A Few of Quotes on Memory.

“If a man has lost a leg or an eye, he knows he has lost a leg or an eye; but if he has lost a self—himself—he cannot know it, because he is no longer there to know it.”

“And so was Luria, whose words now came back to me: ‘A man does not consist of memory alone. He has feeling, will, sensibility, moral being … It is here … you may touch him, and see a profound change.’ Memory, mental activity, mind alone, could not hold him; but moral attention and action could hold him completely.”

“But humanly, spiritually, he is at times a different man altogether—no longer fluttering, restless, bored, and lost, but deeply attentive to the beauty and “soul” of the world, rich in all the Kierkegaardian categories—the aesthetic, the moral, the religious, the dramatic. I had wondered, when I first met him, if he were not condemned to a sort of “Humean” froth, a meaningless fluttering on the surface of life, and whether there was any way of transcending the incoherence of his Humean disease. Empirical science told me there was not—but empirical science, empiricism, takes no account of the soul, no account of what constitutes and determines personal being. Perhaps there is a philosophical as well as a clinical lesson here: that in Korsakov’s, or dementia, or other such catastrophes, however great the organic damage and Humean dissolution, there remains the undiminished possibility of reintegration by art, by communion, by touching the human spirit: and this can be preserved in what seems at first a hopeless state of neurological devastation.”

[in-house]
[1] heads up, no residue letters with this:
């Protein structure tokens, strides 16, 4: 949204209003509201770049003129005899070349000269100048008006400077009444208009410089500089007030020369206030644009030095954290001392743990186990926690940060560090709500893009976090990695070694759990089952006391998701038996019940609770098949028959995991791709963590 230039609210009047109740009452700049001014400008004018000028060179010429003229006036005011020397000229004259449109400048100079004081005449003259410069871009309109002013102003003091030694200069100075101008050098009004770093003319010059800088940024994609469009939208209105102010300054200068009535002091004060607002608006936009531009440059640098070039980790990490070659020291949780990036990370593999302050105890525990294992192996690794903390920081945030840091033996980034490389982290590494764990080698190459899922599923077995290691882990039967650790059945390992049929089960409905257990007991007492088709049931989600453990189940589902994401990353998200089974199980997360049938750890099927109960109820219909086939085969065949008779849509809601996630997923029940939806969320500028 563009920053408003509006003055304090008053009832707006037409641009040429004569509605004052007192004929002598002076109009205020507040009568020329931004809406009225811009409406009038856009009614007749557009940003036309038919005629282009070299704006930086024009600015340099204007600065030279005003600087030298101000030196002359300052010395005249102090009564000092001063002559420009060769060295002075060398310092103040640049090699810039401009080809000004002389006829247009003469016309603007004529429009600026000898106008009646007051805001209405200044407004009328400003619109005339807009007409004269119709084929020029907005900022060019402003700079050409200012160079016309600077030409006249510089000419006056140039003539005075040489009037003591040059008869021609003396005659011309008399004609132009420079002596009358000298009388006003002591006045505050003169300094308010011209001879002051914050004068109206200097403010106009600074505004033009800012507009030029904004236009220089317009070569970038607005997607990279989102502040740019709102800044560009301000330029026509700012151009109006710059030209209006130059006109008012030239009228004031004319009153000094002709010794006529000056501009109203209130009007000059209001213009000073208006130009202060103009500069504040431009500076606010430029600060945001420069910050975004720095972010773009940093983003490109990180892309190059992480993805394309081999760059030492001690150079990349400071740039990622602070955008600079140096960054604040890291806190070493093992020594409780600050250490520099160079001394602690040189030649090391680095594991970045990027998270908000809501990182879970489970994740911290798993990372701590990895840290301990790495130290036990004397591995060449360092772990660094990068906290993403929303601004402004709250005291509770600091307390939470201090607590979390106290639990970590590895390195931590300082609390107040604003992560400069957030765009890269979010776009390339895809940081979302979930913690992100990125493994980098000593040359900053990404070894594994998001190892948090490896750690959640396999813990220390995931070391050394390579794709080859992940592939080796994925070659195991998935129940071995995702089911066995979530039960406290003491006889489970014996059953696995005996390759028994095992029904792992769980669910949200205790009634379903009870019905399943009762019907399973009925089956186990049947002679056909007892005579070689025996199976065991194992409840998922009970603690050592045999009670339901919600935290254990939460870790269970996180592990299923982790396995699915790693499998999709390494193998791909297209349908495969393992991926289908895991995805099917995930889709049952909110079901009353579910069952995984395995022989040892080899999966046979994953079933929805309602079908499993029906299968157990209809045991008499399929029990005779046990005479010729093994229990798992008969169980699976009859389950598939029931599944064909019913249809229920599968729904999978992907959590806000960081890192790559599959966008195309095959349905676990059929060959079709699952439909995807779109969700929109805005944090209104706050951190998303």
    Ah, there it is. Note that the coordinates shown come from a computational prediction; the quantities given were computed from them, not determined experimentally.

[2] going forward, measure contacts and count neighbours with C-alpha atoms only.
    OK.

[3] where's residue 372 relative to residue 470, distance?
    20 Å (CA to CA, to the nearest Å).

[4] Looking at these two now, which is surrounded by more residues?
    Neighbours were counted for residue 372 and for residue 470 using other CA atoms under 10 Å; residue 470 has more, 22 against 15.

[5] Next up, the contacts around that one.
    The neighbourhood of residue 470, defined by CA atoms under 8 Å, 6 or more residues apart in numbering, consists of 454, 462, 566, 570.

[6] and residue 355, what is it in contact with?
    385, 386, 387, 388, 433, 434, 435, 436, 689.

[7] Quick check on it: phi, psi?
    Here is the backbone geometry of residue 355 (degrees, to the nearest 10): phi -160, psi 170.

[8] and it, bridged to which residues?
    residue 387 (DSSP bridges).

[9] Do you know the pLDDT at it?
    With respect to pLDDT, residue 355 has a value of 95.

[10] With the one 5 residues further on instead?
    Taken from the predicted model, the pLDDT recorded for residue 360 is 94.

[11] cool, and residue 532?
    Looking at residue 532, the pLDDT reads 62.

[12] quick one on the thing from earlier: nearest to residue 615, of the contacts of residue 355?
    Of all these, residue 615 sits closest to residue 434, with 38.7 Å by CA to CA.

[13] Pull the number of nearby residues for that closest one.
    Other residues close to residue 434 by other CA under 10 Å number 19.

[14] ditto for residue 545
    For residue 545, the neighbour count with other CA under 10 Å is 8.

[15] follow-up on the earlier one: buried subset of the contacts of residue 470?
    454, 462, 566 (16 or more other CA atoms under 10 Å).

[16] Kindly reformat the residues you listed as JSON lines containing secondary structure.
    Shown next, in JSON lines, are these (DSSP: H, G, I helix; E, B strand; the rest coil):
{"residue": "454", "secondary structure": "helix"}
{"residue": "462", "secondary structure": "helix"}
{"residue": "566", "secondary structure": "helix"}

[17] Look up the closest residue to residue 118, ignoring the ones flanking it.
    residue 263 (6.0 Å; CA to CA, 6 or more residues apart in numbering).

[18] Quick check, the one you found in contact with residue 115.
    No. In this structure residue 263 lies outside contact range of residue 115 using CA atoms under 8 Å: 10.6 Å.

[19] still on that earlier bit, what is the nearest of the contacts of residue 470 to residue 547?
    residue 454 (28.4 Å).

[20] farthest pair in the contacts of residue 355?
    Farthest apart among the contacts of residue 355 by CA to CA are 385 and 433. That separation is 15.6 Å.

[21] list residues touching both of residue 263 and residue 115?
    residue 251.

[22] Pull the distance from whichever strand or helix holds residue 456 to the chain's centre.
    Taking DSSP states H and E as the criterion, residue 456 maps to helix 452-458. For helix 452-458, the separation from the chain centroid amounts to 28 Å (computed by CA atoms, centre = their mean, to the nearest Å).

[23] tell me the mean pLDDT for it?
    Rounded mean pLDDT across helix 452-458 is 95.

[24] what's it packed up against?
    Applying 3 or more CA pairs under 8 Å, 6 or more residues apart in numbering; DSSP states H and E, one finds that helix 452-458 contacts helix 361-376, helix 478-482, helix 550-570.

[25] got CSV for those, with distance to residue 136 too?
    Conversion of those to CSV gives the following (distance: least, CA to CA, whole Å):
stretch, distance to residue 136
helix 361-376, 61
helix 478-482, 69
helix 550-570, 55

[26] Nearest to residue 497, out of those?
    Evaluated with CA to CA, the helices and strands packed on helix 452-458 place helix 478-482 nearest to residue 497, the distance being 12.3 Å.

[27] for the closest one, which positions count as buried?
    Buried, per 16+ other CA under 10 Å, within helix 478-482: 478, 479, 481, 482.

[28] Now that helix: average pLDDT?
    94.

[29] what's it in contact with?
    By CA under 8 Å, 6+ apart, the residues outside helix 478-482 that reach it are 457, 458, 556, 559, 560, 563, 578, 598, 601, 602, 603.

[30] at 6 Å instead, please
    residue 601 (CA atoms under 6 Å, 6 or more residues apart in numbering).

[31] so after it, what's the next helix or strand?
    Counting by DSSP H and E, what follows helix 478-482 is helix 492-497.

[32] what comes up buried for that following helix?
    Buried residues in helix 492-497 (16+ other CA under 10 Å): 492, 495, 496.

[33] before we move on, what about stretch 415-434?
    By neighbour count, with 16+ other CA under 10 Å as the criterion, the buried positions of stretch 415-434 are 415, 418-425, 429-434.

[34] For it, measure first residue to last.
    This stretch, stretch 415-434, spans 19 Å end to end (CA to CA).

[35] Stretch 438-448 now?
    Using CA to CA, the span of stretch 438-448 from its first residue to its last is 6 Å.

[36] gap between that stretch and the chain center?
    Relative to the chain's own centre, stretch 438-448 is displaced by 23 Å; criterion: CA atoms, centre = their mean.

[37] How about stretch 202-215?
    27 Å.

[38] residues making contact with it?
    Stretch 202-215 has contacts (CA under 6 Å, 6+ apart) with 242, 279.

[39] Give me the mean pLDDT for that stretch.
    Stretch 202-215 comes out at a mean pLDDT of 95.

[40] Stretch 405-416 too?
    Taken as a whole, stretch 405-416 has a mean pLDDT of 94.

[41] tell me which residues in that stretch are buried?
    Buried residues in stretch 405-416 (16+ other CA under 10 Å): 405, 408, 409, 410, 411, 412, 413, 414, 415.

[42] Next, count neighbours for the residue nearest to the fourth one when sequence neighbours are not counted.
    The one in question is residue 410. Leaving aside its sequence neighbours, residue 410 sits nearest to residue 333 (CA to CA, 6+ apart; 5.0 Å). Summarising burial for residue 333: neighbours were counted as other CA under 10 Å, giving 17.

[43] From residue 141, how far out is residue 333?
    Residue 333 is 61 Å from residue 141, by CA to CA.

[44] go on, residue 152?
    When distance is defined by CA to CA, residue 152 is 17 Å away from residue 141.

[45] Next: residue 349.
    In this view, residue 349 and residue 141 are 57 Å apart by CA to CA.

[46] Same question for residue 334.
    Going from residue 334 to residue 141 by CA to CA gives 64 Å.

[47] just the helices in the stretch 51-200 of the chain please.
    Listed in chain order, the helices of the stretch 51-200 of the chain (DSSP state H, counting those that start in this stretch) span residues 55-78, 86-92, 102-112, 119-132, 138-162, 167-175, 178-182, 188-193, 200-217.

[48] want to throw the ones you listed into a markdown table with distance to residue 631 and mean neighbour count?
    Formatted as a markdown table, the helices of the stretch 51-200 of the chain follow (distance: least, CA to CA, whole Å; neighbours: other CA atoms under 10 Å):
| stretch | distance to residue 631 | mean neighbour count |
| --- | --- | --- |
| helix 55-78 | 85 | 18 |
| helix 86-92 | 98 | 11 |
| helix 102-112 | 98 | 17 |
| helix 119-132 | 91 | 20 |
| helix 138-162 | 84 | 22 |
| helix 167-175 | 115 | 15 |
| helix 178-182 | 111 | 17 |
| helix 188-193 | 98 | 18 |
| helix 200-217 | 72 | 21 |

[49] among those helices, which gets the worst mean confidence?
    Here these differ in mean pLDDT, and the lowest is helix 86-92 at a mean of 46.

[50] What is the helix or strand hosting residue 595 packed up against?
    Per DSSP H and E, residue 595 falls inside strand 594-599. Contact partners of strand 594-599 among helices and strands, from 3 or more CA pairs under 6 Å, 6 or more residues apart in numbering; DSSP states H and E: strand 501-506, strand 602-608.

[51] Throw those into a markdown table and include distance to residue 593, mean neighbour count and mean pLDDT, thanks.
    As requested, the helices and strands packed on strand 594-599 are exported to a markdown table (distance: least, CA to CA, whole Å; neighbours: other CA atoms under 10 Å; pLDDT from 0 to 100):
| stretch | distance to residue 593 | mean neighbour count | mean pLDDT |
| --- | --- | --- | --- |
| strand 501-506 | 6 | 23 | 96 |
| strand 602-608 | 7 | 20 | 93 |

Taken from Oliver Sacks, The Man Who Mistook His Wife for a Hat and Other Clinical Tales.

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One Response to A Few of Quotes on Memory.

  1. Louise says:

    At last, sooemne comes up with the “right” answer!

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